Anyone who's worked with Linux knows it's a great operating system (which ever of the many flavors you run). Not only is it stable and secure, but it makes great use of hardware with lower overhead, making it fast as well. Another really nice thing about an open source OS is the constant additions of utilities that make life easier for both the admin of the box and the user.
Here are a few of my favorites for those new to Linux...
watch: watch allows you to re-execute a program over and over and output to the screen. It's very handy to watch for changes to a directory, or to watch for a service to start or monitor connections. For example, let's say you run a service on port 8000. You want to watch for any connections to that port. You could do that by running "netstat -an | grep 8000", or better yet, "netstat -an | grep 8000 | grep EST". that would take the output of netstat, which shows network connectivity, statistics and such, pipe it through grep to filter out all lines except those that contain 8000, the port you wish to monitor, then filter out from those lines any except ones that have upper case EST in them. This would show ports in the ESTABLISHED state.
That's great, but what if you were watching for connections over an hours time span? watch works great for this. watch takes a -n parameter, which is the number of seconds between executions. The default is 2 seconds. If we wanted updates as quickly as possible, we would run:
watch -n 1 'netstat -an | grep 8000 | grep EST'. Every second, watch would rerun the netstat command and show you the results, clearing the screen between each iteration.
lokkit: lokkit is a command line (used to be ncurses GUI based) utility to modify the iptables firewall. It's very simple to quickly open up a port with lokkit (I'd recommend making a copy of iptables, found in /etc/sysconfig, first). If you want to open port 21 to all inbound traffic, you'd run "lokkit -p 21:tcp". Viewing your firewall tables by running "iptables -L' should show:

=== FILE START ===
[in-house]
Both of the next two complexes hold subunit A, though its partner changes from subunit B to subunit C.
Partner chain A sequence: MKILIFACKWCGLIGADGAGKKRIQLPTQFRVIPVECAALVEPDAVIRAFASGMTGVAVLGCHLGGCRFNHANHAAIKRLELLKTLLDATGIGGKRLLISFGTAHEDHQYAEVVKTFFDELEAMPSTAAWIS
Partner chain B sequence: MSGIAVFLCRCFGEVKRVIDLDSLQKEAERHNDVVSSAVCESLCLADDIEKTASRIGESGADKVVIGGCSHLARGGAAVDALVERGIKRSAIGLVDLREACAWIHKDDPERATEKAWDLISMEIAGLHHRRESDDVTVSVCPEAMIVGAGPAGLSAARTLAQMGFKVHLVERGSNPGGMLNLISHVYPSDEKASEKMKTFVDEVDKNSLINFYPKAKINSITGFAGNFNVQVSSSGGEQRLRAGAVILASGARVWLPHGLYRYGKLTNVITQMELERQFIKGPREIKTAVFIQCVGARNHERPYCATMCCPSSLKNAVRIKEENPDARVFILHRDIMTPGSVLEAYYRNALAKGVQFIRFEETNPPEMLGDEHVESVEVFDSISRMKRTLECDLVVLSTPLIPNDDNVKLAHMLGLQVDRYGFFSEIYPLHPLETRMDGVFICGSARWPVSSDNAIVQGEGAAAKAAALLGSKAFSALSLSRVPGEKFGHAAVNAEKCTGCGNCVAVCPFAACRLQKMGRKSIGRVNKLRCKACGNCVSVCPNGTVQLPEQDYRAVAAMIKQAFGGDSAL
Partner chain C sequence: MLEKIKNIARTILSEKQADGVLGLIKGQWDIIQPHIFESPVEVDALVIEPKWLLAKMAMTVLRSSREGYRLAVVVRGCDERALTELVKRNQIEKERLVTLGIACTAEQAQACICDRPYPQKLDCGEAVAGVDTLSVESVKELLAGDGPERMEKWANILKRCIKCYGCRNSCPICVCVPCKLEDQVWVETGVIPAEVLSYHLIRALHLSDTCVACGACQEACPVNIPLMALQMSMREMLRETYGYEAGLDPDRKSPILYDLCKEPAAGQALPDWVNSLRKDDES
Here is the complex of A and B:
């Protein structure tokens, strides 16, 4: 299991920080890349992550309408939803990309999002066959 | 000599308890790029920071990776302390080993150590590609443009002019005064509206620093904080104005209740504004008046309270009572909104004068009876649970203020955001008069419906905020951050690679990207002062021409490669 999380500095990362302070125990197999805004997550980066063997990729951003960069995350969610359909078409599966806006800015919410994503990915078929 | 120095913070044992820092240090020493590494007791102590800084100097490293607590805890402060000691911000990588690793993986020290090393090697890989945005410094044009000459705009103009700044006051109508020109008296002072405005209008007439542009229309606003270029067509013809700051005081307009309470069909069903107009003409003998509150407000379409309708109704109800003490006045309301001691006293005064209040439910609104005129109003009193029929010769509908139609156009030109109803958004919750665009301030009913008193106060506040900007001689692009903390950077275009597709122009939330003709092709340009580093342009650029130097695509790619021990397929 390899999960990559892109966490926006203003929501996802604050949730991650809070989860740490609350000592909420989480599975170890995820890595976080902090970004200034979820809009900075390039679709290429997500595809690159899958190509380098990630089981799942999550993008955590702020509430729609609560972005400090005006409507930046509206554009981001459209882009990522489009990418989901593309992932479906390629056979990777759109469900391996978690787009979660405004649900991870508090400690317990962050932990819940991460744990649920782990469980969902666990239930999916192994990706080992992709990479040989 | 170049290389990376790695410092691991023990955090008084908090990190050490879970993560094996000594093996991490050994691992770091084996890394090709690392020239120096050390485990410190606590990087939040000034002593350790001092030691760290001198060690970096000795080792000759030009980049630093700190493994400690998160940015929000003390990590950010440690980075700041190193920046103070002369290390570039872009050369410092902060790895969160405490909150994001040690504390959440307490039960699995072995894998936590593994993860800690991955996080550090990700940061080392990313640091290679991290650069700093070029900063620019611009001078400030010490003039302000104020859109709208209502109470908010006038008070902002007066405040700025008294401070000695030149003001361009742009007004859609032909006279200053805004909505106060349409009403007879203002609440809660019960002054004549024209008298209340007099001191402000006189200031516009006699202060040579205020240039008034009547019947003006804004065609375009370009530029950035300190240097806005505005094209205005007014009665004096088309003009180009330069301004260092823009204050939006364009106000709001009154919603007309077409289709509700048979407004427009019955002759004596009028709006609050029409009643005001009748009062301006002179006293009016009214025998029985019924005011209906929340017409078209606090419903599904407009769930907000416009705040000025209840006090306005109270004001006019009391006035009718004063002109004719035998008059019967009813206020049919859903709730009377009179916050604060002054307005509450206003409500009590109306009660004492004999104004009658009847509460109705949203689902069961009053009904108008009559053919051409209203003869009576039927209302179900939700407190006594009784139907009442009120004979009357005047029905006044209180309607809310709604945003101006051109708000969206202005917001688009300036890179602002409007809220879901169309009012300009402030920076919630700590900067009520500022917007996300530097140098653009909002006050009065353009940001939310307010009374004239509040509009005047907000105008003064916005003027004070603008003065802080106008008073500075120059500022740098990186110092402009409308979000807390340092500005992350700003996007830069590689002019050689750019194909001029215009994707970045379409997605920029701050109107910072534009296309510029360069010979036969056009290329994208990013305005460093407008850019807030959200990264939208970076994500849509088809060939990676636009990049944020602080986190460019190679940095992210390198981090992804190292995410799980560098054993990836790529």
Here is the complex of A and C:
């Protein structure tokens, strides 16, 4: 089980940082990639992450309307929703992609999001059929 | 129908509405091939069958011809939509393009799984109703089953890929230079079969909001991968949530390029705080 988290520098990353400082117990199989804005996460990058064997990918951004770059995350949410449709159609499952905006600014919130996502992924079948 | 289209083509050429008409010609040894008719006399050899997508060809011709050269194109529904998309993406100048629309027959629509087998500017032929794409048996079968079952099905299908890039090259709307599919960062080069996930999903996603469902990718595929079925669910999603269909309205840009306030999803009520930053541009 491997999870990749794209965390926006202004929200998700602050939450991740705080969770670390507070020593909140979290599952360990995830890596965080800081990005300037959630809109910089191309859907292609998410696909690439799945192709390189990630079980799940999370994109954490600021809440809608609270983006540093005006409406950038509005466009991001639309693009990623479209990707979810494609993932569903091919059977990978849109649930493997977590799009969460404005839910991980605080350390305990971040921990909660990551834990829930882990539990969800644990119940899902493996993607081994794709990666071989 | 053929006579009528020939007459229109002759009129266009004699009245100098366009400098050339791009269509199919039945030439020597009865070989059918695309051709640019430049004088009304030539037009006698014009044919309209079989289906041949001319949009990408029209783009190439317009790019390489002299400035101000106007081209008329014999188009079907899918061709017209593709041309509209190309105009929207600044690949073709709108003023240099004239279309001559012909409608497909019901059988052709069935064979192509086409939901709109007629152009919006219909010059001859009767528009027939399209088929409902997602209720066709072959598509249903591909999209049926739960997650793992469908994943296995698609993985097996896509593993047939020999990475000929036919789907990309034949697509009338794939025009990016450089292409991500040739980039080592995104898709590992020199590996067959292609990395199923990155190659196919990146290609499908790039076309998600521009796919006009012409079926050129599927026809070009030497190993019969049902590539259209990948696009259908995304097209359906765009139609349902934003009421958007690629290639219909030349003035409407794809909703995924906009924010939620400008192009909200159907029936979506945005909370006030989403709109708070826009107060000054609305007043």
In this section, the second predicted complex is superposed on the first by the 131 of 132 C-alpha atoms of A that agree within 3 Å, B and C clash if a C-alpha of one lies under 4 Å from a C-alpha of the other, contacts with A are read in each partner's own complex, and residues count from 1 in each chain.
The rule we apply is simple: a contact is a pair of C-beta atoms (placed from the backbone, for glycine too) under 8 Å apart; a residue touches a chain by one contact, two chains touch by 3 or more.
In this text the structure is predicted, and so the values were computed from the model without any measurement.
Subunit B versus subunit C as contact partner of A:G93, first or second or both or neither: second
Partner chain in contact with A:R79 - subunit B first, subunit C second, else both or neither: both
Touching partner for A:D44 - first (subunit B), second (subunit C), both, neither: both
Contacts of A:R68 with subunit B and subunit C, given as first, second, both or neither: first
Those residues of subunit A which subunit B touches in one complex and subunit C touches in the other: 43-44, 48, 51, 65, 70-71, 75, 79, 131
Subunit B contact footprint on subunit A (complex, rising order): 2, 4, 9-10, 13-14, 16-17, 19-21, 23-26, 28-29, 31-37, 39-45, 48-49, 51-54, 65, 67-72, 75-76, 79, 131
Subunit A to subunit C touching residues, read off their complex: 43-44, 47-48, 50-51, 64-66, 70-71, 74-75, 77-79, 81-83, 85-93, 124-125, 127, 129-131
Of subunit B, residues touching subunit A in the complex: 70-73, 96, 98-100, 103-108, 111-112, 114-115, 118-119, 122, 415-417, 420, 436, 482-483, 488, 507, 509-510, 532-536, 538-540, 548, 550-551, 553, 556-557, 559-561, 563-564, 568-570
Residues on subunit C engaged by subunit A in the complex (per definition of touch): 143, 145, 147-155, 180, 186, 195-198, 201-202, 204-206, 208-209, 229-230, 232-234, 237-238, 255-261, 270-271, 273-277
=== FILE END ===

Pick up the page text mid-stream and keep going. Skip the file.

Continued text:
ACCEPT tcp -- anywhere anywhere state NEW tcp dpt:ftp
You can also disable and enable the firewall, open ports by service name, add trusted interfaces, add custom rules and add and remove modules.
Just make sure you back up before making changes, and be careful modifying iptables remotely, whether using lokkit or manually, as you could lock yourself out when you restart (if you screw up).
ntsysv: ntsysv is a ncurses GUI that allows you to enable or disable services at start up, the equivalent of using the chkconfig command. chkconfig is more granular, as you can specify the startlevel you wish, but if you're unfamiliar with Linux, it's helpful till you get up to speed. Just invoke the command, no parameters, and you'll be presented with a list of all the available services. Each has a box beside it that can be checked to enable it. Use the arrow keys to scroll down and back up and hit the space bar to toggle on or off.
Yes, there X apps that do the same thing with a nice GUI, but if you're working on NetSec boxes, you won't have X installed a lot of times (or shouldn't). Do you really want a GUI, with all the myriad of apps that installs that could have security flaws installed on your IDS or packet auditor?
Friday, October 8, 2010
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